The Atacama Desert is an area of approximately 128,000 square kilometres, within Chile alone it is 1400km long. It is a very diverse region with different micro climates which are shaped by the effect of the Pacific Ocean to the West and the Andes Mountain Range to the East. It is the place which has the highest irradiation on Earth and in addition it maintains relatively low temperatures due to high altitude and constant thermal winds in many areas. These are excellent conditions for a solar plant. However, several parts of the desert also display environmental conditions which are not beneficial for photovoltaic (PV) energy production, in particular due to the effects they have on soiling (defined as unwanted material on the PV modules):
- High dust: either from the ground or other natural environmental conditions (such as dunes and unfavourable winds) or from mining activities.
- Low rain: The Atacama Desert is known as the driest place in the world. The average rainfall is about 15 mm per year although some locations, such as Arica and Iquique receive 1 to 3 mm in a year. Periods of up to four years have been registered with no rainfall in the central sector.
This means that natural self-cleaning by rain, which has been reported in PV plants in traditional markets such as Germany, would be rare in the region. Some parts of the Atacama Desert, however, are subjected regularly to a dense coastal fog during the night and early morning hours, during which relative humidity levels can reach 100% and significant amounts of dew may precipitate on PV module surfaces. While in some circumstances this may lead to module self-cleaning, the interaction with other effects (such as salinity in the air or different types of dust) is not well studied and there is a distinct lack of robust methodologies for estimating the soiling losses of PV plants in the Atacama Desert. In the light of evidence reported from other desert regions overseas, where soiling losses in the order of 35% have been reported , the Soiling Working Group was formed to bring industry players together and to advance the state of knowledge through co-operation.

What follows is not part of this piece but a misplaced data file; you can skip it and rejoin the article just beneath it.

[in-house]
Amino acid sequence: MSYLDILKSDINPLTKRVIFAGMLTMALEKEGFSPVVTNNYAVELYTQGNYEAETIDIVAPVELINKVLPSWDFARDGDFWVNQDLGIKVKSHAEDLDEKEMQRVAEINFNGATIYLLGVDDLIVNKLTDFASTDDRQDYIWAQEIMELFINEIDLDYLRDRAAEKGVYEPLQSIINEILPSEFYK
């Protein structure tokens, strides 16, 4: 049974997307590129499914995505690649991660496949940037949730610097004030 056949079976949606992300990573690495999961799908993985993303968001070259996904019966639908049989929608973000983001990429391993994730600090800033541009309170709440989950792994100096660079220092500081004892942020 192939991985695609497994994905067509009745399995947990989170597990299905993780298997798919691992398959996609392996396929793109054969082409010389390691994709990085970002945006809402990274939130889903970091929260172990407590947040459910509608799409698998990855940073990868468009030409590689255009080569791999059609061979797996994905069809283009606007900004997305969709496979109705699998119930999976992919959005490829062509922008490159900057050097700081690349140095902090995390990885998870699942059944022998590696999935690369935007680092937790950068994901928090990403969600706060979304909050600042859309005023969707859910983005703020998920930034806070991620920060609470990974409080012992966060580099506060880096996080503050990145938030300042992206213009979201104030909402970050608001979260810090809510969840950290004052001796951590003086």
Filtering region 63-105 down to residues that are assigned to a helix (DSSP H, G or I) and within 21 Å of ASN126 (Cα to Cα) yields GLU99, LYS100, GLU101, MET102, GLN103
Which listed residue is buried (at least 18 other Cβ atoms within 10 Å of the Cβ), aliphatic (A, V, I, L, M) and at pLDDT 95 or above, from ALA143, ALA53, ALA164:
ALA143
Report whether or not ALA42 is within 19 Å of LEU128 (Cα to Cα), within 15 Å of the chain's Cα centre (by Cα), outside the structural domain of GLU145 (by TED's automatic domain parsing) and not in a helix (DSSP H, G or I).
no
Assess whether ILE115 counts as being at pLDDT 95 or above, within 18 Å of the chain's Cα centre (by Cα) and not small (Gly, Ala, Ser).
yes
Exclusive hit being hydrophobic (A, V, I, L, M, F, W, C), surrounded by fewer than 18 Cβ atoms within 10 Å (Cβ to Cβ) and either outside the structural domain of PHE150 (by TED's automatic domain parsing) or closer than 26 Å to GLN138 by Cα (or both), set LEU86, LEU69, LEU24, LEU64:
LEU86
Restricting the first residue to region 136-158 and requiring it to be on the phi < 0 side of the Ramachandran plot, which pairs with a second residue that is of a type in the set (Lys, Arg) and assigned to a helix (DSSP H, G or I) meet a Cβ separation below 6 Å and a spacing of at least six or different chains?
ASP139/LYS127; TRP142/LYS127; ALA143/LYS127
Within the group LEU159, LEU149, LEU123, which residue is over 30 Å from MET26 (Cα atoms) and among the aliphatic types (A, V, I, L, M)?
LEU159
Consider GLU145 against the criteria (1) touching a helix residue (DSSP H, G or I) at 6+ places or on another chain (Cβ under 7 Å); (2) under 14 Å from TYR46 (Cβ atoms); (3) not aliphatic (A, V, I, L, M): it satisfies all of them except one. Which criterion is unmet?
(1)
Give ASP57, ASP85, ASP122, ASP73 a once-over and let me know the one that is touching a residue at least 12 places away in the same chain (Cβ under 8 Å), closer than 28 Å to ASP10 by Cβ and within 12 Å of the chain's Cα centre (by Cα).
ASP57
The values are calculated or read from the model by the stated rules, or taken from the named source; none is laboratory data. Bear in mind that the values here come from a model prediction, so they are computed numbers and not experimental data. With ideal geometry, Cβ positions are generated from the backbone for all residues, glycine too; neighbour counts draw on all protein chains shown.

References:  PV tech O&M Webinar (Frank Teofilo, March 2014, First Solar)